The world has changed for students. Suddenly, schools are experimenting with complete online learning. (There are pros and cons to this in general.) Although the government may say all students must learn online, the technology is not actually ready for this. We need to help students in all our communities.
It’s called the “digital divide,” how low-income and marginalized communities are being left out of all the advances offered by technology like computers and the internet. Check out EveryoneOn, an organization dedicated to changing that.
But what can you, you nerdy compassionate person, do in your community?
Many adults in a higher income bracket are surprised to learn that many students do not own their own computer and no one in their household does either. It is not uncommon. While some schools have applied for grants to purchase personal computers, there are still thousands of needy students.
Some libraries offer laptops to check out like a book for a few months at a time. But those are few in number and in great demand. Do you have a laptop, tablet, or another tech you can donate? It must be new enough to support current internet browsers. Go to Computers With Causes and click on your state to donate. You could also contact your local library or put your computer up on Freecycle or Craigslist. If you are a business with tech to donate, check out EALgreen, which will bring your donations to universities and colleges who then distribute to needy students. Some will even give you a tax rebate for your donation.
What’s even more shocking is that even if a student has a computer, they may not be able to connect to the internet. They will be left out of every online class and all that downloadable material. Gone are the days when the internet was a luxury. It is a necessary tool in all levels of learning and careers.
Some cities around the world offer free wi-fi for all, but that is rare and usually not very strong. If you own a cafe or business with wi-fi, consider letting students sit in for free to conduct their learning. (You can ask to see a current student ID.) US internet providers are giving free internet service to low-income households. If you know someone who may qualify, help them navigate this offer. It is only temporary but will help during this crisis.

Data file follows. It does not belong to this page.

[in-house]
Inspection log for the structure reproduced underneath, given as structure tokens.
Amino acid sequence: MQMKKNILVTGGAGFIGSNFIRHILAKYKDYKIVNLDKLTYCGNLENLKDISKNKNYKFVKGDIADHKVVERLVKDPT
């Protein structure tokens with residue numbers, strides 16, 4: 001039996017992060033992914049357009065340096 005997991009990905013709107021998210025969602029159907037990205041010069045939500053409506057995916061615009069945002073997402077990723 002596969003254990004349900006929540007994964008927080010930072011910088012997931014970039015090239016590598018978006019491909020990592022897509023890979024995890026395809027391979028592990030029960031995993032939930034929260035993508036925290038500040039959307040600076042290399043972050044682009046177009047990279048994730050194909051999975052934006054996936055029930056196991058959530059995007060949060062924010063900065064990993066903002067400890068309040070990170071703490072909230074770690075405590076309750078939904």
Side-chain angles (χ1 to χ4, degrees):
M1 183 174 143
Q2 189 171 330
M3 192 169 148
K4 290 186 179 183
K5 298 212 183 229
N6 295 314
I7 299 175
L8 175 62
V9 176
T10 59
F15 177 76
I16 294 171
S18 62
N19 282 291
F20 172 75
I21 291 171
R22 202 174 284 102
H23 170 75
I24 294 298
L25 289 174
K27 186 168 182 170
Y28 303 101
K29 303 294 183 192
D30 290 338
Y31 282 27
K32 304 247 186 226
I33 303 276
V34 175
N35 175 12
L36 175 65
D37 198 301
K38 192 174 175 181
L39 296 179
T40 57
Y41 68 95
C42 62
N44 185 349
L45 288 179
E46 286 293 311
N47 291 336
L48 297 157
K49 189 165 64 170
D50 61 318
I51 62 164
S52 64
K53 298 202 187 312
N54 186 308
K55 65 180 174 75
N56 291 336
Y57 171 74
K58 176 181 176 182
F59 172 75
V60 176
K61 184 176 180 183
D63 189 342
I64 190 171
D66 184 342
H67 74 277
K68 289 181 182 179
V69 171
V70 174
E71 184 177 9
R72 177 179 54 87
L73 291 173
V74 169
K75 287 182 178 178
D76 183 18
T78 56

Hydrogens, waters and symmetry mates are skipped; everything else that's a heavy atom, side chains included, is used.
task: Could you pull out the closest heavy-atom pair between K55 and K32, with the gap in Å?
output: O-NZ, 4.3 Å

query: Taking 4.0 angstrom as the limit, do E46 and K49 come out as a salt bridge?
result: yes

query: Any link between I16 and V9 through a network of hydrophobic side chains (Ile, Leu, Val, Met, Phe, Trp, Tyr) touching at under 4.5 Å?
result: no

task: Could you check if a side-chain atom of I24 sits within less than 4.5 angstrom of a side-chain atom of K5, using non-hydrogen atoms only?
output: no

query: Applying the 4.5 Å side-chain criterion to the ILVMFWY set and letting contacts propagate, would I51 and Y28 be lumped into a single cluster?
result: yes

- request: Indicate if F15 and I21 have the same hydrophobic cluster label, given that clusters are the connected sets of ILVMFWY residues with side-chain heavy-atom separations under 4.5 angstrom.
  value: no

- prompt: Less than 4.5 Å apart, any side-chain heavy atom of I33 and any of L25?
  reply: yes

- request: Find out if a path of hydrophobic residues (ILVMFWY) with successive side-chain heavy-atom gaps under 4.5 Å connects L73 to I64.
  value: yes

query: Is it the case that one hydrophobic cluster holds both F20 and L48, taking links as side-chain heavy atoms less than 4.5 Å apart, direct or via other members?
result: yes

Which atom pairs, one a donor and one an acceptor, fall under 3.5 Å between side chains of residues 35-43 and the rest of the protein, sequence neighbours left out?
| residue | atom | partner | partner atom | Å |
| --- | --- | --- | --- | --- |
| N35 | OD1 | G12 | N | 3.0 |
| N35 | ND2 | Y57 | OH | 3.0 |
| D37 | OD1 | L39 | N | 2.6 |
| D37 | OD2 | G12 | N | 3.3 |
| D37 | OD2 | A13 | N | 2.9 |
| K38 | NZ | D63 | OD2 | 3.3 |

Right now, internet providers are not required to bring the internet out to rural areas of the United States. Those students are stuck with dial-up (RIDICULOUS, RIGHT?!), which is useless for modern internet use. Contact your government representatives to demand legislation to bring the internet to all students. Many bills have been already written and struck down by those who consider the internet a privilege. It’s time to change that. If the legislation gets passed immediately, construction to bring internet infrastructure to all will begin and we can help students learn.
Do you know a teacher? Chances are, they are being asked to teach their subjects and courses online. Many are not ready for this at all. Offer your tech-savviness to teacher friends and colleagues. Whether they need help creating a video or setting up a conference call or finding online resources, this is your chance to save the day! Their students will thank you.
While we may not be able to solve all the problems, tech-able people (aka “nerds”) can help students with unexpected online learning! Whether or not you have a student in your household, we as a community can still help our students adapt and thrive during this challenging time.